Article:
Ant-Man and the Wasp’s bigger flaw involves how the film resolves the main conflict. The choice between Janet’s life and Ghost’s life boils down to… a non-choice: Janet is able to easily transfer Quantum Energy to Ghost with no clear risk to her own life. Not only is it a cop out, but it makes Ghost’s actions quite petty and unreasonable (if all she needed to do was wait for Janet, maybe she should have helped the heroes instead of standing in their way). The supposed hard choice is no more, lessening the impact of the film’s supposed stakes.

To fix this, I have two different suggestions:

Solution # 2-A:

Have everything play out as it did in the film, up until the final conflict between Ghost and our two protagonists. Instead of getting beat, have Ghost come out on top and if possible, have her completely incapacitate the Wasp. Ghost is then able to keep drawing the Quantum Energy from Janet, slowly killing the latter.

Instead of overcoming Ghost physically, have Ant-Man (or alternatively, Bill Foster) plead with Ghost not to continue. Through Ant-Man’s (or Foster’s) pleas, have Ghost realize that she is effectively taking Wasp’s mother away from her – the same thing that happened to Ghost when her father’s experiment went wrong. This would give Ghost the hard choice between giving up her own life and taking the life of someone else’s mother. And as part of her redemption arc, Ghost chooses to give up her own life so that the Wasp can reunite with her mom. This way, there is a clear resolution to the hard choice that is presented by the film.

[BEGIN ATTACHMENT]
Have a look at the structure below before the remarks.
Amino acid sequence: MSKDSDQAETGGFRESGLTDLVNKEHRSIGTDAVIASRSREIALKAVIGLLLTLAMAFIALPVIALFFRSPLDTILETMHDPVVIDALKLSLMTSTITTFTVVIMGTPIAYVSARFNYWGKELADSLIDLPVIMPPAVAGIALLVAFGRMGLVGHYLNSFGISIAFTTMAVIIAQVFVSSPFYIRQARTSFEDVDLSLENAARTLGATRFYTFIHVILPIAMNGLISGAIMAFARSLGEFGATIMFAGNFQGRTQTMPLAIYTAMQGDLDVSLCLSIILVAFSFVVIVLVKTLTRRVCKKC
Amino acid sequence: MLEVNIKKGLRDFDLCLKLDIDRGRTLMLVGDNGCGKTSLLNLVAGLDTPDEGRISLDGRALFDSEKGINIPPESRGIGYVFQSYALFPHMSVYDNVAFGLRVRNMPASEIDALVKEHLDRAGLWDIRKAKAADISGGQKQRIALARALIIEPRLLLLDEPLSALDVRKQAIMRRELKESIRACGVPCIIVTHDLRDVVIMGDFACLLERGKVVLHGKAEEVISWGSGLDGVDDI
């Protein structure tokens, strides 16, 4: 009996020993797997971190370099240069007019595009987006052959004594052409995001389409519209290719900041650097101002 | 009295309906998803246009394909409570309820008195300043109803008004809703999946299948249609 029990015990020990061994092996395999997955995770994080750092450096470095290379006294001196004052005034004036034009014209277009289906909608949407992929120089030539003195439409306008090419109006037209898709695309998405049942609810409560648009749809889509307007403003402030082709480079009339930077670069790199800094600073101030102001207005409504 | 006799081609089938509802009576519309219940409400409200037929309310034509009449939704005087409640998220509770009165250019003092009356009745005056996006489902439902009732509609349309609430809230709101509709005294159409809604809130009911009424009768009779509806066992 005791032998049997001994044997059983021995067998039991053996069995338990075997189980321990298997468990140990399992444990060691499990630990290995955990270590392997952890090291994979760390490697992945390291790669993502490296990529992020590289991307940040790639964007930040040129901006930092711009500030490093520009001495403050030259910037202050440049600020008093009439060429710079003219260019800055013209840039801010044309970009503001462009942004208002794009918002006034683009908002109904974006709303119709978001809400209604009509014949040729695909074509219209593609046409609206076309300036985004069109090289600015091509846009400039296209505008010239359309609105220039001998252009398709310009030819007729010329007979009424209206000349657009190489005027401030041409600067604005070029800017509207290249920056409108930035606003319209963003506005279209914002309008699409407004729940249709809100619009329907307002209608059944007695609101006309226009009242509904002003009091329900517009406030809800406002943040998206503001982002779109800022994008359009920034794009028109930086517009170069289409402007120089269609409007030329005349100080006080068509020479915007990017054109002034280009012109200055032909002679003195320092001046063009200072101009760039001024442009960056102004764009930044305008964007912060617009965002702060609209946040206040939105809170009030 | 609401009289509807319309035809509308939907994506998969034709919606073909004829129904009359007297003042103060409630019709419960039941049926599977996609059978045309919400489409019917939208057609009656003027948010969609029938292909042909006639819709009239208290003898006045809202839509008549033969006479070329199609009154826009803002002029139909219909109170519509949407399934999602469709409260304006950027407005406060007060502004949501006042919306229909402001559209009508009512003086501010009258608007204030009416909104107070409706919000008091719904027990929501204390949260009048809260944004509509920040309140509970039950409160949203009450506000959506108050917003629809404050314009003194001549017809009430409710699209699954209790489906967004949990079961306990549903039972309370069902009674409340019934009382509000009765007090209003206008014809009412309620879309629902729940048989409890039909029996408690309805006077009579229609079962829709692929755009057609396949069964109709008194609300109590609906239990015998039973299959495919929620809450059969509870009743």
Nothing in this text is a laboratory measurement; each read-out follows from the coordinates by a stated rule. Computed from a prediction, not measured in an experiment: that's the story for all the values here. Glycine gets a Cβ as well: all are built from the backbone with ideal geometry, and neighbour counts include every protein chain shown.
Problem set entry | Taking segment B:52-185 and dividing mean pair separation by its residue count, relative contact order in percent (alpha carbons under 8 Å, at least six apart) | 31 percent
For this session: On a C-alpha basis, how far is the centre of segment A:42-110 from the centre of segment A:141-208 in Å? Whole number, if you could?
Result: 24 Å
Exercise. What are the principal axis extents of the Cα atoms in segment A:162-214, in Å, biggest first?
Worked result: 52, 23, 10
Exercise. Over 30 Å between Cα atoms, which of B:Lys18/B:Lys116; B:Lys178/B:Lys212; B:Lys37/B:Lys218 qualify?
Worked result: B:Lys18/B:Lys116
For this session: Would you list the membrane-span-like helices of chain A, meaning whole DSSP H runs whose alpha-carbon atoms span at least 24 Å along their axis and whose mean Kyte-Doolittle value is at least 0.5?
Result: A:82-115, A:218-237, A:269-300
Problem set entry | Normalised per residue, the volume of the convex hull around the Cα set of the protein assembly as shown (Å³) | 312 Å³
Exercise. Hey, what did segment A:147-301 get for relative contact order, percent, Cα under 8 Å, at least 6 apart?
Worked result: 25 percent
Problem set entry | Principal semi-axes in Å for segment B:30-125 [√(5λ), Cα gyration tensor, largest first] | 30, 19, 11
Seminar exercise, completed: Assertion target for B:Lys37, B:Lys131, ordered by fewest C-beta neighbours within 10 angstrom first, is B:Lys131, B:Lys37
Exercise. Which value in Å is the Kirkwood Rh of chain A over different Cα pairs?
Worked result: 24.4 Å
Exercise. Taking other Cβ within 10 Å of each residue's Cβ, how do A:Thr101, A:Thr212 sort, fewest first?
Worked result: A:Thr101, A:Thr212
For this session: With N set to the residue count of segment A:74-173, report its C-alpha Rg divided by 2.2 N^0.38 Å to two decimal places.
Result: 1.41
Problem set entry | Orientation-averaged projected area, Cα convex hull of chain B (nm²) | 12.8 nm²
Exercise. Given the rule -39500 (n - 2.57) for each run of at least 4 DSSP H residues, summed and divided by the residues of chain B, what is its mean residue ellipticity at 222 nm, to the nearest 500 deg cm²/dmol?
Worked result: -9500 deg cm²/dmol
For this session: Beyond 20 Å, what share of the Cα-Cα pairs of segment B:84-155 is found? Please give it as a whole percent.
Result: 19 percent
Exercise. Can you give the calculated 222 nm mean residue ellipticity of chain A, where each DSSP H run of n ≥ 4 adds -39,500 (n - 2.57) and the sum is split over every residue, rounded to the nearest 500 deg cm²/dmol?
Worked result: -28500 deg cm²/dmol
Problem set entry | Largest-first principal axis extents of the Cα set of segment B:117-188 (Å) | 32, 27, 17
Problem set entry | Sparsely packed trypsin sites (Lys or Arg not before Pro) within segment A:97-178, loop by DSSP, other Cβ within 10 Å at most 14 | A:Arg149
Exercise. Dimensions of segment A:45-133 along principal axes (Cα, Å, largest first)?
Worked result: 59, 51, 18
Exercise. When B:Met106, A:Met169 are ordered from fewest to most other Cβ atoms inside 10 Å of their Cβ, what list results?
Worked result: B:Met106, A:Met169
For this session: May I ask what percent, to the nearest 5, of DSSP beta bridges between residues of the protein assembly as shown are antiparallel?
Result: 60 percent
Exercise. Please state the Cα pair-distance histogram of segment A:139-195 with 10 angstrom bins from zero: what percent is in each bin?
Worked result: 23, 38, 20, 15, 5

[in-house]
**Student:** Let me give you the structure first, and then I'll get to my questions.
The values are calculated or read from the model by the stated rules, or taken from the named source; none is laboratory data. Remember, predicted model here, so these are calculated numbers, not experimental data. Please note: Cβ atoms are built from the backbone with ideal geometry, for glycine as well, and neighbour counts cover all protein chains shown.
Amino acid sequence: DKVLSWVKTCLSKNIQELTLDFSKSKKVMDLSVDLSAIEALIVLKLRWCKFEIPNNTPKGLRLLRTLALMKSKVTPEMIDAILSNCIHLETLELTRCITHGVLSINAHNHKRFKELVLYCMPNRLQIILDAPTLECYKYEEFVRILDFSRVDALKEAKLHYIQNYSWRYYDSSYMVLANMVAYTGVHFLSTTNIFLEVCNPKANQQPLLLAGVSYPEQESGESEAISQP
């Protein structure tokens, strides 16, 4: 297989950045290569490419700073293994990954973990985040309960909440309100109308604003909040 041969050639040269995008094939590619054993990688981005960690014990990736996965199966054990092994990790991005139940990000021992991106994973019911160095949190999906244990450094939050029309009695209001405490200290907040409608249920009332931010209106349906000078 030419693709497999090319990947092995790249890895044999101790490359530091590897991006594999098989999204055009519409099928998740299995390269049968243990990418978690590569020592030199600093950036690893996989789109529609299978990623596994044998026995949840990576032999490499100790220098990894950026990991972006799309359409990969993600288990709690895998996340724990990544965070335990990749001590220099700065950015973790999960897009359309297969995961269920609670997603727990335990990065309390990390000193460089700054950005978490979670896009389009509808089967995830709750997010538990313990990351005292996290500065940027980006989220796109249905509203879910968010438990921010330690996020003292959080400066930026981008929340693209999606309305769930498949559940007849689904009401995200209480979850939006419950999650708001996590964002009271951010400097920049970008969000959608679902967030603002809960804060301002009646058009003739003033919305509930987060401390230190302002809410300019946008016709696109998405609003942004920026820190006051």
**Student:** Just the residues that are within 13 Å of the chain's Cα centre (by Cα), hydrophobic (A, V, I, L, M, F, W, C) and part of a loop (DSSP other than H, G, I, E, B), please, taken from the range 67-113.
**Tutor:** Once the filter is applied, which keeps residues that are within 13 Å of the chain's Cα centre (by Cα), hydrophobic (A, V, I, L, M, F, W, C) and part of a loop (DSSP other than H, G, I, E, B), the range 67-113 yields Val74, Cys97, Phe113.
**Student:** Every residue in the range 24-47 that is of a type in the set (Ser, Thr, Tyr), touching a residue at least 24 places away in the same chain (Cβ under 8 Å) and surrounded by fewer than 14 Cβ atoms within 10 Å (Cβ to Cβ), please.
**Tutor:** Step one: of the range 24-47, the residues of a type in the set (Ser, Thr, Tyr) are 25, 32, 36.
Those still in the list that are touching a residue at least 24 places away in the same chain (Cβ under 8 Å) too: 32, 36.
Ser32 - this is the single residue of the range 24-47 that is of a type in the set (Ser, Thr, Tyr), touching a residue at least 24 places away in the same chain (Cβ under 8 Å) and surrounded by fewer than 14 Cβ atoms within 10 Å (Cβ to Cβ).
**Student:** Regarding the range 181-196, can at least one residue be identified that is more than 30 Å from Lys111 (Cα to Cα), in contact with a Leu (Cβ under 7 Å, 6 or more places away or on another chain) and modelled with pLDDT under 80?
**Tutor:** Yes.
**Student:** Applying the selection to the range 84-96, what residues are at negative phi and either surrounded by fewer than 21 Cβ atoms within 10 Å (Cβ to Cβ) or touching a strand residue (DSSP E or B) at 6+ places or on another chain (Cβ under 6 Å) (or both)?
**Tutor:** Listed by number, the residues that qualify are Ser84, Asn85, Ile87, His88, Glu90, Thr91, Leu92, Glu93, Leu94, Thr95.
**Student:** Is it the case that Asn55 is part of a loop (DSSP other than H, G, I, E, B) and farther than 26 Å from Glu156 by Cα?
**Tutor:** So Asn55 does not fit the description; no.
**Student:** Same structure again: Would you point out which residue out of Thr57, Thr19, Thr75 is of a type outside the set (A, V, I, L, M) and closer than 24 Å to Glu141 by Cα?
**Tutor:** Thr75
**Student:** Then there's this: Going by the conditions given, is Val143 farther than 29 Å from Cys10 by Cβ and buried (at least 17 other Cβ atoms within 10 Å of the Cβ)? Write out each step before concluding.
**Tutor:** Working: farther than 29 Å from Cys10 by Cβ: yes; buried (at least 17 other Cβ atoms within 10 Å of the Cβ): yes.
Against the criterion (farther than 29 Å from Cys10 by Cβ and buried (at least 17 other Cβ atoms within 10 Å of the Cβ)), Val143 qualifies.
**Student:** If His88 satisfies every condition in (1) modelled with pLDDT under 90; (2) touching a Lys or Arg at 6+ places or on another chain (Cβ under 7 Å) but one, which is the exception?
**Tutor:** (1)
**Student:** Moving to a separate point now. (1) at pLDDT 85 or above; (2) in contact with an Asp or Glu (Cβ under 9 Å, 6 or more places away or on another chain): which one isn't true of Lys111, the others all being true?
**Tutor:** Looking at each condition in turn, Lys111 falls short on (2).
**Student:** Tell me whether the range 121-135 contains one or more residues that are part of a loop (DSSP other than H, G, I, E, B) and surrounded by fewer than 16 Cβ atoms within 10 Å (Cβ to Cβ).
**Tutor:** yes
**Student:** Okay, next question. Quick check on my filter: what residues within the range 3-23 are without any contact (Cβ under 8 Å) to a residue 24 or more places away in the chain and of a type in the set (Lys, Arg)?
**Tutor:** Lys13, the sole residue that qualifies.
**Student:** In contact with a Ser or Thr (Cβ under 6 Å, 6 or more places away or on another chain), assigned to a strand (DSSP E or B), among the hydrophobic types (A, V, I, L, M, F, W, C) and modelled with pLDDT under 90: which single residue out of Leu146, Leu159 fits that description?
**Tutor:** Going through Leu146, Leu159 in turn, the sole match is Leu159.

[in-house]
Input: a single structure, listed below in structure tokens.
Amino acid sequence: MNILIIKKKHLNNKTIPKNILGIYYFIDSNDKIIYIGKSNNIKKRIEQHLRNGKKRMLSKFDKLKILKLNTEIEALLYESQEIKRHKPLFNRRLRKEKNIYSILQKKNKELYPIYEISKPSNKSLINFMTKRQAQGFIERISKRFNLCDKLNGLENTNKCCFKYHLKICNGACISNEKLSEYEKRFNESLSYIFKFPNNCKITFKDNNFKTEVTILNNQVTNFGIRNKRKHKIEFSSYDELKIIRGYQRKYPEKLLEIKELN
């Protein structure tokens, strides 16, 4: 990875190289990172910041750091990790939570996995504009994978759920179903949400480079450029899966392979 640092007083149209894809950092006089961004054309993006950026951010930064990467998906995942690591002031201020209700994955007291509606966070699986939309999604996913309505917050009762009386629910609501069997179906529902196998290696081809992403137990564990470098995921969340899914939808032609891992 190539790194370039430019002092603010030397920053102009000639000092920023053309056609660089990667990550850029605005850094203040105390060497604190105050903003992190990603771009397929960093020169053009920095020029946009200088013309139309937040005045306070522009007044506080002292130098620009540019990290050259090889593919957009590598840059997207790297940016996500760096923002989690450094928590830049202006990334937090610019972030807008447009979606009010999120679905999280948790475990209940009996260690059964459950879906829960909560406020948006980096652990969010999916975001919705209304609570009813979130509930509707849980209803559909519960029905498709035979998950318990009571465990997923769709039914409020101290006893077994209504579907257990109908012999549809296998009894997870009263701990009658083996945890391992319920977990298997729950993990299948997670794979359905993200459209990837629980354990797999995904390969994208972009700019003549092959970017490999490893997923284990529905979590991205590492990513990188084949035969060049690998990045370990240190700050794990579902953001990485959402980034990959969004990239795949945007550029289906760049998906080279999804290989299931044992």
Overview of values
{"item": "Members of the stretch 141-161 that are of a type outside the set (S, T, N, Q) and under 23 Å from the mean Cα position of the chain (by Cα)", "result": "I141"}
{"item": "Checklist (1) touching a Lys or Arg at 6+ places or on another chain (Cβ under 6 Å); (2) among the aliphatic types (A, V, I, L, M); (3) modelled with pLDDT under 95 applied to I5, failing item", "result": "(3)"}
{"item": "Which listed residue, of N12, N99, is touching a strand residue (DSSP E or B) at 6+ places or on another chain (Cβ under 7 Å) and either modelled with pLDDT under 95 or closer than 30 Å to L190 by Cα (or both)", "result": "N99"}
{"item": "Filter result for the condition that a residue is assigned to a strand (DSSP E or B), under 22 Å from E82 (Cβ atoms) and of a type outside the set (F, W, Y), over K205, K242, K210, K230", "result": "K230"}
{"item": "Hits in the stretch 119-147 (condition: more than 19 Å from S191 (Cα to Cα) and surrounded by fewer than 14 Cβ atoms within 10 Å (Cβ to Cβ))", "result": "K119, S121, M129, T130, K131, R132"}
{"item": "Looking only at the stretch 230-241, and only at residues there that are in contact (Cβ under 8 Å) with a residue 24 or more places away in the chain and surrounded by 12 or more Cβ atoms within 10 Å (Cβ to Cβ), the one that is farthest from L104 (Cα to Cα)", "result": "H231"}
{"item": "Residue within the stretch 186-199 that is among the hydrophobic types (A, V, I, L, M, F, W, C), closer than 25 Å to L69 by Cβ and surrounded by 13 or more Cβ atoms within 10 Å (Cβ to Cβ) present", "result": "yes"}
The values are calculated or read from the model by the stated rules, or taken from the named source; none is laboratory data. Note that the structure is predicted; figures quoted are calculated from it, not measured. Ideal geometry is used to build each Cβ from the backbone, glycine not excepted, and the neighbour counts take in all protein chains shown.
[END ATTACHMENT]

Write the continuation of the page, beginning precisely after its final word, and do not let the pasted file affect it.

Via this route, the film can proceed normally, save for one minor difference – instead of going into the Quantum Realm to help Ghost, the Pyms and Ant-Man venture into the Quantum Realm to continue studying it, keeping our Avengers 4 lead-in mid-credits scene intact.

Solution #2-B:

Have everything play out as it did in the film, up to the point wherein Ghost is defeated and Janet van Dyne is rescued successfully from the Quantum Realm. Rather than simply having Janet heal Ghost without any cost, have Janet make the hard choice – will she allow Ghost, a woman who is the same age as her daughter, to simply disappear from existence?

Being consistent with how her character was presented in the original Ant-Man film, Janet decides to give up her own life to save Ghost. Before this though, give her one more intimate moment with Hank Pym so that he can have closure; Janet can further inspire Pym by asking him to continue his research of the Quantum Realm and ask him to continue using his scientific mind to help other people again. More importantly, give Janet and the Wasp their own moment and have Janet be the reason for the Wasp to become a true hero (note that we’ve never really seen the Wasp use her powers for the good of others).

So Janet performs her self-sacrifice, Ghost is cured and the Pyms are able to find their closure. Both Hope van Dyne and Hank Pym are now motivated to pursue heroics, and we can still have the Avengers 4 lead-in mid-credits scene – only without Janet in it.

With these small tweaks to Ant-Man and the Wasp’s script, I think the film becomes much better. The stakes are still real and will be felt up until the movie’s conclusion, and we would see the growth of several characters. Alas, the film has been made as we know it and there’s no changing it anymore, so consider this as either constructive criticism of the movie or my personal fan fiction.

What did you think about Ant-Man and the Wasp? Do you agree with my proposed changes? Let us know what you think by leaving a comment or two below!